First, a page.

Tuesday, January 5, 2010
More on "Lost" Pre-Hispanic Amazon Civllizations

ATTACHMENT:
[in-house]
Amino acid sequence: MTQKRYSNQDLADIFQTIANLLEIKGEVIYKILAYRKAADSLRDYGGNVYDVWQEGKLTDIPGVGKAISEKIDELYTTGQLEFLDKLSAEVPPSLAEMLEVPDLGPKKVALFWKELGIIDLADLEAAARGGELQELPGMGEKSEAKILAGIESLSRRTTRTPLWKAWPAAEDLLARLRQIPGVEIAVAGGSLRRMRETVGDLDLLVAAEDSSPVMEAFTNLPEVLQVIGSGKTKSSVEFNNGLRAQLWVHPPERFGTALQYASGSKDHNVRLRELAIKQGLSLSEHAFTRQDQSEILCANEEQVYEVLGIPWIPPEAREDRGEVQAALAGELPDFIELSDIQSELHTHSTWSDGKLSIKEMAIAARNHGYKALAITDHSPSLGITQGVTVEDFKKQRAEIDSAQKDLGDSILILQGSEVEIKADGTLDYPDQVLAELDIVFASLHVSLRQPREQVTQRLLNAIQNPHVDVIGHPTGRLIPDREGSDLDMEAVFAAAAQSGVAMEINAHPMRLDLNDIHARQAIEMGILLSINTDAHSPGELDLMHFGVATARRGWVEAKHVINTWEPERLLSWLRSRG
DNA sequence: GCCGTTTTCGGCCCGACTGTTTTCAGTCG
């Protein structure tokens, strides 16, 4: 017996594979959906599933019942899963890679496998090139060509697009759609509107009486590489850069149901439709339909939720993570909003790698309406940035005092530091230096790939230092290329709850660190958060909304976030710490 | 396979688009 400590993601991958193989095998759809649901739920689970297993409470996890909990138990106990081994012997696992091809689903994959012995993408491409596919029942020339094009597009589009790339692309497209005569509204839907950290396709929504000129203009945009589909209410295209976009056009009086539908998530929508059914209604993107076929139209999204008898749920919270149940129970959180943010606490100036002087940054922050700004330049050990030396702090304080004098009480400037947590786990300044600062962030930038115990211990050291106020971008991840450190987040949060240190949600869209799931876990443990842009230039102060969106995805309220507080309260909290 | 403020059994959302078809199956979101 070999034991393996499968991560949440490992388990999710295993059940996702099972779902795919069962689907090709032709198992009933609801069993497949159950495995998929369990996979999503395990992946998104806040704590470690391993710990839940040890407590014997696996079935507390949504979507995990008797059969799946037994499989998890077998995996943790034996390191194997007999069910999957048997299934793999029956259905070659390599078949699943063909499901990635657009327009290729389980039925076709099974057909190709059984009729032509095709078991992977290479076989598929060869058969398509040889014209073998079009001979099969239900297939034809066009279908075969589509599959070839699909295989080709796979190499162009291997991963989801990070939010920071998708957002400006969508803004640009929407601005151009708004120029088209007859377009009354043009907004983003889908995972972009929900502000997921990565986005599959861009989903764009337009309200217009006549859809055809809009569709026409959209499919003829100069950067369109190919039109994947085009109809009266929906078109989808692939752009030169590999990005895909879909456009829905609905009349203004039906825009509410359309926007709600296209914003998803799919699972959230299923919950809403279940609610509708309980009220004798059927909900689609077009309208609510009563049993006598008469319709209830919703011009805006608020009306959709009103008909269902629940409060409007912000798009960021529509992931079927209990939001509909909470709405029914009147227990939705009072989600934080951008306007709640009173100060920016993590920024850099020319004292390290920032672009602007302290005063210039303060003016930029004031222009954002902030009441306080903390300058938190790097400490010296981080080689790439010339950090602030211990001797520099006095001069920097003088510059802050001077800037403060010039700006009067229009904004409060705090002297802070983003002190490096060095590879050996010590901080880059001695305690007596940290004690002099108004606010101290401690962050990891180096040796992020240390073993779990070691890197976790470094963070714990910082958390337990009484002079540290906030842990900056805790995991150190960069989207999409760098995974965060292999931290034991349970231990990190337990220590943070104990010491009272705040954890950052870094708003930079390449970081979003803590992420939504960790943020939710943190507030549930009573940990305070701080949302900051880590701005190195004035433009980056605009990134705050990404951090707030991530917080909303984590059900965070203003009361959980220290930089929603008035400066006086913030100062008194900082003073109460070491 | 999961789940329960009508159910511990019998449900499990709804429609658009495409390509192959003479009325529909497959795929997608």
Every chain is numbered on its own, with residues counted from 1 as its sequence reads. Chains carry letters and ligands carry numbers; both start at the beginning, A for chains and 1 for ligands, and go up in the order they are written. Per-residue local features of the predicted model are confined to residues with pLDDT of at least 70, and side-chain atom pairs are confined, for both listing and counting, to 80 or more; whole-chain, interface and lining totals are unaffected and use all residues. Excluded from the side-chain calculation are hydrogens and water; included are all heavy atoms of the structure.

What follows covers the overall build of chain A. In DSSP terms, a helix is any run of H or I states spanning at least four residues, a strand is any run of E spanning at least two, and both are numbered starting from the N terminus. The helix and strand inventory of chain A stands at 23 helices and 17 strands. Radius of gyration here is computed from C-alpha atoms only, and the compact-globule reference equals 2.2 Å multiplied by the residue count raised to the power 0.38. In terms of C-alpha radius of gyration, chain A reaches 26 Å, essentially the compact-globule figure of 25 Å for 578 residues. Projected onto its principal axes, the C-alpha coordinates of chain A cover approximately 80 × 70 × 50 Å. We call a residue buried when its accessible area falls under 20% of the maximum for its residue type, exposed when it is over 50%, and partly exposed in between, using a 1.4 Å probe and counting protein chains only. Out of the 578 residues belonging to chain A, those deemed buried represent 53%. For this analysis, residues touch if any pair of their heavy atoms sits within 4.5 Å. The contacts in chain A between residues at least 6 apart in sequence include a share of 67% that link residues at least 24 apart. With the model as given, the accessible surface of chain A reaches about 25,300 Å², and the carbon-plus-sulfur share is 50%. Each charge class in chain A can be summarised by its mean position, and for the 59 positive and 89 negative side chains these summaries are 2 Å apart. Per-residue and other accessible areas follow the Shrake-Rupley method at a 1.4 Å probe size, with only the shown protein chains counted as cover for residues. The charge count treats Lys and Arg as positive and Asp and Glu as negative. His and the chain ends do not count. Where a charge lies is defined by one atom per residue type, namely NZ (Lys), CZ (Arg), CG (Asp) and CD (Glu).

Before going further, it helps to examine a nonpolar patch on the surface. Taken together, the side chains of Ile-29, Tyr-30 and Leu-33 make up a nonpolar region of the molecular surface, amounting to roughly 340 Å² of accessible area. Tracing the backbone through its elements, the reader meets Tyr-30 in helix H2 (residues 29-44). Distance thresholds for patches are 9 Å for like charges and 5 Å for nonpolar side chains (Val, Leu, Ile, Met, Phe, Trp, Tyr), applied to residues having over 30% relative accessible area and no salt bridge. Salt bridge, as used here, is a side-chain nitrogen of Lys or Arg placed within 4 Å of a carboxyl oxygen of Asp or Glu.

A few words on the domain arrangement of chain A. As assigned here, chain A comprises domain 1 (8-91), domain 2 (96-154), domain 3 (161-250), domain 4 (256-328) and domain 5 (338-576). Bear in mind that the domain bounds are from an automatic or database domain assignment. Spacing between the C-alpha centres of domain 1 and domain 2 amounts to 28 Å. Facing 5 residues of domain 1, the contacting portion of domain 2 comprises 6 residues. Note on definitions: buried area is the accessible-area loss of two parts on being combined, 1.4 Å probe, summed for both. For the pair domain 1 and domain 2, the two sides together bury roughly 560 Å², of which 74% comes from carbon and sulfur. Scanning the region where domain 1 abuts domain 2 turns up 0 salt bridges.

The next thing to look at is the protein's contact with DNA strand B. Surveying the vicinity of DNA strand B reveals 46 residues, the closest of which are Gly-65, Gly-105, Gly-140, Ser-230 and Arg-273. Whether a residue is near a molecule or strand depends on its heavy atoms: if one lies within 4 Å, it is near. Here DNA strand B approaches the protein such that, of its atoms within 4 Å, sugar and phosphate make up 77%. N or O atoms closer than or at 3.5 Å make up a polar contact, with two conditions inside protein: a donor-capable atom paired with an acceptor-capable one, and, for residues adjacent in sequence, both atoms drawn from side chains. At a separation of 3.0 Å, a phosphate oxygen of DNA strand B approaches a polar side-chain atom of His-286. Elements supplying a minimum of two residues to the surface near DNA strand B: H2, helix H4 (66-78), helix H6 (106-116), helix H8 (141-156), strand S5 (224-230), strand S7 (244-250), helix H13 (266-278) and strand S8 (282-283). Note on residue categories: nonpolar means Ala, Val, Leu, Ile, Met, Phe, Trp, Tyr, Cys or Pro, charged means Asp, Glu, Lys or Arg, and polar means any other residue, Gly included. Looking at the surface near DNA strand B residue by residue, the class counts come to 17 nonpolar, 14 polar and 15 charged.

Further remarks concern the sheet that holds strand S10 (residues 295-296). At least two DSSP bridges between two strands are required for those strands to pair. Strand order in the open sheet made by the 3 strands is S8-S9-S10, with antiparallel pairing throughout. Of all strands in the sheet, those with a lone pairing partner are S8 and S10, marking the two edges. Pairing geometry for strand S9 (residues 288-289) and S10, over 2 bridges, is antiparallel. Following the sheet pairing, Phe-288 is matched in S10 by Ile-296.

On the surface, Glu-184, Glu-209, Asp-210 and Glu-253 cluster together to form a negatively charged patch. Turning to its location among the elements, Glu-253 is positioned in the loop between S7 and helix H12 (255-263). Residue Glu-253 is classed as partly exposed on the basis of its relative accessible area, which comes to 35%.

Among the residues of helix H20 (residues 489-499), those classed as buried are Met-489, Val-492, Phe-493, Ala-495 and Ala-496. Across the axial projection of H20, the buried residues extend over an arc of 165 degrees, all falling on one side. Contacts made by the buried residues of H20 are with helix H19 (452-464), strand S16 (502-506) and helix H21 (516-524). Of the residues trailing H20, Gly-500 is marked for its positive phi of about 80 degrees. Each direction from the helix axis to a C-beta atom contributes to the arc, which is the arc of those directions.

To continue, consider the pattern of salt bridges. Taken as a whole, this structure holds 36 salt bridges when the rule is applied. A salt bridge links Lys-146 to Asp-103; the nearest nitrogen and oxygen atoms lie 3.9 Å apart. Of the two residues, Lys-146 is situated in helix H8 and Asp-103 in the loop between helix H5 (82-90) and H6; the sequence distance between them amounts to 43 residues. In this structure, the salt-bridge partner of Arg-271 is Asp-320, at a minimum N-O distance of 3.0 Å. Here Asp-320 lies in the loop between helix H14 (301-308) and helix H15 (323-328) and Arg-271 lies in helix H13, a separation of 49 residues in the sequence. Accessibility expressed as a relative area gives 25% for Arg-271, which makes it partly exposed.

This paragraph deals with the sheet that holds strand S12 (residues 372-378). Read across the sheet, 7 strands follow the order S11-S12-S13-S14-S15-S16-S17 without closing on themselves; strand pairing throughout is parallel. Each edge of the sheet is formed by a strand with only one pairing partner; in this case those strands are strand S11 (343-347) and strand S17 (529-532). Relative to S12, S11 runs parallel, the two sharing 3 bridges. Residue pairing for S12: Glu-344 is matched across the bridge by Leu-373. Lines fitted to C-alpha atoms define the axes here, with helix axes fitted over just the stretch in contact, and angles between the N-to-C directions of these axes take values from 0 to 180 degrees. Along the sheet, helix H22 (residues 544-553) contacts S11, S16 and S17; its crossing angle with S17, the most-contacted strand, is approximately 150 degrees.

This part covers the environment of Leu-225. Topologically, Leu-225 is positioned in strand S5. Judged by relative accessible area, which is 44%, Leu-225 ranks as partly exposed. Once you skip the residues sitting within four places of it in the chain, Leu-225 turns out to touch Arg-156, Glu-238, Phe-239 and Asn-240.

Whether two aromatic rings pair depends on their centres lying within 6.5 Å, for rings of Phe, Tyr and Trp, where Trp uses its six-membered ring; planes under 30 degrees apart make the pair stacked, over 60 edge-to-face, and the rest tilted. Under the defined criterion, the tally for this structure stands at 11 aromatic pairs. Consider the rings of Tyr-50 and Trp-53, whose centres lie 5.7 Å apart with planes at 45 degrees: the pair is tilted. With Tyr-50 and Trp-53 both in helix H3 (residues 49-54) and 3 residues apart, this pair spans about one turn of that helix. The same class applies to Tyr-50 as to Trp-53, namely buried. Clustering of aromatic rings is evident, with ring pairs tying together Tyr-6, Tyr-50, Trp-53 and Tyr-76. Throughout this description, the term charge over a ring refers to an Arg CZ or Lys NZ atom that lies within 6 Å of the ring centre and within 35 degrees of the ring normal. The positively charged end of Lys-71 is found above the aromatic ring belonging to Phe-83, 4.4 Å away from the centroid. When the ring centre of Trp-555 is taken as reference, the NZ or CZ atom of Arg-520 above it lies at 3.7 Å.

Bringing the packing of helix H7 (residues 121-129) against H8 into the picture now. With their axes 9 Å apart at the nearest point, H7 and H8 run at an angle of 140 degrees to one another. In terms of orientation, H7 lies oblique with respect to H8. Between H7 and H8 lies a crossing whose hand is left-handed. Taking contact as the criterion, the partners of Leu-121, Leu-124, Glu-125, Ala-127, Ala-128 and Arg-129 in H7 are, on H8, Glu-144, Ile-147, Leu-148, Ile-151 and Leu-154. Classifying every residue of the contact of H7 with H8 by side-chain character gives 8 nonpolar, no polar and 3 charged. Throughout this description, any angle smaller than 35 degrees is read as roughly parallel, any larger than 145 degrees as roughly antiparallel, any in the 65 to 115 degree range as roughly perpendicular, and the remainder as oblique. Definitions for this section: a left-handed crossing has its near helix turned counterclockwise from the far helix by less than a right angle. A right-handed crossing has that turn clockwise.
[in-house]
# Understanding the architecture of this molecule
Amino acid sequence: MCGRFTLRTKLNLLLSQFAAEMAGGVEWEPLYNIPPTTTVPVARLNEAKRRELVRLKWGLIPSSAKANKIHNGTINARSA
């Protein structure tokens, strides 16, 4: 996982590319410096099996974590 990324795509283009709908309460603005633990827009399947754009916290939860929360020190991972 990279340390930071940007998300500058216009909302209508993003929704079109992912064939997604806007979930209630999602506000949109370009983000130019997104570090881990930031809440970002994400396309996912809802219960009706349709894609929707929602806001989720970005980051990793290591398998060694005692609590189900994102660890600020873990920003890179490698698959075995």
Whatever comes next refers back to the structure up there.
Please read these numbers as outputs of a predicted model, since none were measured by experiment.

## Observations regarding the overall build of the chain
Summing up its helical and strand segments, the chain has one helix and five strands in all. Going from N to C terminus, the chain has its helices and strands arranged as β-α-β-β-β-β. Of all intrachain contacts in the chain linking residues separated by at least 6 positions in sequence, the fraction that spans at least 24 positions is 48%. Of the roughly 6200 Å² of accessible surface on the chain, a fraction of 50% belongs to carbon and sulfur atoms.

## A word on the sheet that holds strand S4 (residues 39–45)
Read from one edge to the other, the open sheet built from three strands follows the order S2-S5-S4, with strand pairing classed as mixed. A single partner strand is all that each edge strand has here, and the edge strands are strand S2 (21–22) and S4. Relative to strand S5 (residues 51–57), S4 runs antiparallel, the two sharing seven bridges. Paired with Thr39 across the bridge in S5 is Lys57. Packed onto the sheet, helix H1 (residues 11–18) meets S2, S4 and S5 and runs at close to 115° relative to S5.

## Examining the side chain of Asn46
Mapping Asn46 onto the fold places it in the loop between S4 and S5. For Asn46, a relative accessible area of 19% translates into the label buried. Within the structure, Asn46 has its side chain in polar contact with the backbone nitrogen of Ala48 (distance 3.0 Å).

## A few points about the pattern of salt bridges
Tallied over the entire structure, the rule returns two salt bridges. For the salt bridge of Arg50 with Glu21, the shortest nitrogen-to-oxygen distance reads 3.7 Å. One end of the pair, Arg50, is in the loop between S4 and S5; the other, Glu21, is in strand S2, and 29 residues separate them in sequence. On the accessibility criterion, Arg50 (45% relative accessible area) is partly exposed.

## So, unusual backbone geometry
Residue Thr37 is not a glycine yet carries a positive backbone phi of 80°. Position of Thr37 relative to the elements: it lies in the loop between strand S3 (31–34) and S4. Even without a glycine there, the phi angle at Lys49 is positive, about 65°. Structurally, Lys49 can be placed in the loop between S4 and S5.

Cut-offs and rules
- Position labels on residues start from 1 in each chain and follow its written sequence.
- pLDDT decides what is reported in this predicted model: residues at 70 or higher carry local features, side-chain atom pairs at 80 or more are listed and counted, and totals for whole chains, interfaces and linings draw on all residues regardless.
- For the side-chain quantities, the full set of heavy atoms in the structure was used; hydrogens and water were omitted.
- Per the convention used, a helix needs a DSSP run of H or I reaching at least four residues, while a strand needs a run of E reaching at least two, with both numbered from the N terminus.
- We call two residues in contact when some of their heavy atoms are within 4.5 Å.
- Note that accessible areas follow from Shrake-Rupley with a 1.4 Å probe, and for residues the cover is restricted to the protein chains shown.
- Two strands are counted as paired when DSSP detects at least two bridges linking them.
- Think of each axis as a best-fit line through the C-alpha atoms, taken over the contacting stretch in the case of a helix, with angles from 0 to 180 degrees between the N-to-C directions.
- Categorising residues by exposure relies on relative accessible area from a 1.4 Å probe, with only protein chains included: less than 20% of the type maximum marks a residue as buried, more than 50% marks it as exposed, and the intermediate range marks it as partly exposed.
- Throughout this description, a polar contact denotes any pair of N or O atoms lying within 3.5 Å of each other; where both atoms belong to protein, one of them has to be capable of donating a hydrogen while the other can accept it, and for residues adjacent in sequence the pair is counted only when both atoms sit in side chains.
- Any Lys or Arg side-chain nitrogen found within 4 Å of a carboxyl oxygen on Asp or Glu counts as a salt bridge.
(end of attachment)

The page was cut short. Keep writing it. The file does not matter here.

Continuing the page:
Modern satellite technology is revealing astounding things in what's left of the Amazonian forests. "Lost" Amazon Complex Found; Shapes Seen by Satellite John Roach for National Geographic News January 4, 2010 Hundreds of circles, squares, and other geometric shapes once hidden by forest hint at a previously unknown ancient society that flourished in the Amazon, a new study says. Satellite images of the upper Amazon Basin taken since 1999 have revealed more than 200 geometric earthworks spanning a distance greater than 155 miles (250 kilometers). Now researchers estimate that nearly ten times as many such structures—of unknown purpose—may exist undetected under the Amazon's forest cover. At least one of the sites has been dated to around A.D. 1283, although others may date as far back as A.D. 200 to 300, said study co-author Denise Schaan, an anthropologist at the Federal University of Pará in Belém, Brazil. The discovery adds to evidence that the hinterlands of the Amazon once teemed with complex societies, which were largely wiped out by diseases brought to South America by European colonists in the 15th and 16th centuries, Schaan said. Since these vanished societies had gone unrecorded, previous research had suggested that soils in the upper Amazon were too poor to support the extensive agriculture needed for such large, permanent settlements. "We found that this picture is wrong," Schaan said. "And there is a lot more to discover in these places." Wide-reaching Culture The newfound shapes are created by a series of trenches about 36 feet (11 meters) wide and several feet deep, with adjacent banks up to 3 feet (1 meter) tall. Straight roads connect many of the earthworks. Preliminary excavations at one of the sites in 2008 revealed that some of the earthworks were surrounded by low mounds containing domestic ceramics, charcoal, grinding-stone fragments, and other evidence of habitation. But who built the structures and what functions they served remains a mystery. Ideas range from defensive buildings to ceremonial centers and homes, the study authors say. Rest of article.